Headshot of La Cieca

Cher Public

  • Guestoria Unpopularenka: I would welcome that. They should replace both of the hosts. 12:21 AM
  • Krunoslav: httpv://www.youtub e.com/watch?v=FYFE c33zoqE 12:05 AM
  • Constantine A. Papas: Tonight on the internet, I watched live streaming of a concert from Carnegie... 11:52 PM
  • zinka: httpv://www.youtub e.com/watch?v=LT9P x9Jg3HY NUMERO DOS (Osie was Numero Uno) in our Standee... 10:25 PM
  • Quanto Painy Fakor: Turning attention to South Korea tonight (Saturday) there was a José Carerras concert and... 9:07 PM
  • Grane: Hey, stories about musicians losing their instruments aren’t going to write themselves. 7:49 PM
  • Jungfer Marianne Leitmetzerin: I was there tonight. A great triumph for the company (some vocal snags but not... 7:29 PM
  • Sir Ferris: He also has a minor operatic connection through his grandmother, whose translation of Oscar Wilde... 6:55 PM
  • MontyNostry: … and the sad thing is that a lot of people out there think he is a real music journalist... 5:52 PM
  • RobNYNY: Pin = on. 5:50 PM

Teaching moment

“After putting off for a week trying to make some sense of the horrific mess that is the Met’s new Faust, I’m finally just going to give up. There are some disasters that bear writing about as what you might call teaching opportunities: this season’s Don Giovanni, for example, as a cautionary tale about the perils of timid conservatism. But there’s nothing to be learned from this Faust besides, perhaps, ‘never hire Des McAnuff to direct another opera under any circumstances’.” [Musical America]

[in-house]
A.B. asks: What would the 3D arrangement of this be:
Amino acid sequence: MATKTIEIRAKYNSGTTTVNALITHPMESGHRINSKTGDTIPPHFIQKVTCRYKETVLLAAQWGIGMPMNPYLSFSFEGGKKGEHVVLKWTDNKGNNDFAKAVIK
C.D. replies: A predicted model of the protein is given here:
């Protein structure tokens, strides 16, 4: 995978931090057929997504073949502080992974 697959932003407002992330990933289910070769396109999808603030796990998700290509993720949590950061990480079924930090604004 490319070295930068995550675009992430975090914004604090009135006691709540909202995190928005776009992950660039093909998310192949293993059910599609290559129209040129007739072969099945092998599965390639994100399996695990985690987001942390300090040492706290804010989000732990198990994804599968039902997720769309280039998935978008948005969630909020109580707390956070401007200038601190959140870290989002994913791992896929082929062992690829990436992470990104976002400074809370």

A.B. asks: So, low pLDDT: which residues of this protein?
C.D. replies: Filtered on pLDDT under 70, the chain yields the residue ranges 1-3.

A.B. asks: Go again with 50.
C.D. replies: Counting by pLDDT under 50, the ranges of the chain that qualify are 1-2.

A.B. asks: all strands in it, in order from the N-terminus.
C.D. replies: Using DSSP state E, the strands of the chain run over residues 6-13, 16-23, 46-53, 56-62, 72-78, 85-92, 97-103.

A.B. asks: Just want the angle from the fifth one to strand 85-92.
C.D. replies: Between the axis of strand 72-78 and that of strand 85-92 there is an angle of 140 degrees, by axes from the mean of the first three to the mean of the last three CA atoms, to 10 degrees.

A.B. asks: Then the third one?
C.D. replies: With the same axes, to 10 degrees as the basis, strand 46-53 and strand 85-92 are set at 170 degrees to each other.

Comment n’être pas coquette?

Gone (from the Met’s Faust) but not forgotten diva Angela Gheorghiu claims that Jonas Kaufmann has expressed to her his dissatisfaction with Des McAnuff‘s direction—which reportedly included an injunction to the tenor to do as he was told and not to question anything. She adds that Kaufmann has assured her she was right to cancel when she did. Yes, in this interview with Naomi Lewin, the word “fiasco” gets thrown around a lot. [WQXR]

Interrrupted analogy

A press release just received from the Met ends with what feels like a SAT question that didn’t quite make it out of the gate. The background on the company’s impending HD of Faust includes the following tantalizing paragraph: “The traditional setting for Faust is 16th-century Germany, a time when alchemists and philosophers were familiar characters in real life. Des McAnuff’s new Met production places the action in the first half of the 20th century.” Read more »

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Frequent flier

Leave it to those Torontonians to blow the lid off an opera story happening in New York! (Goodness knows the local journalists don’t bother.)

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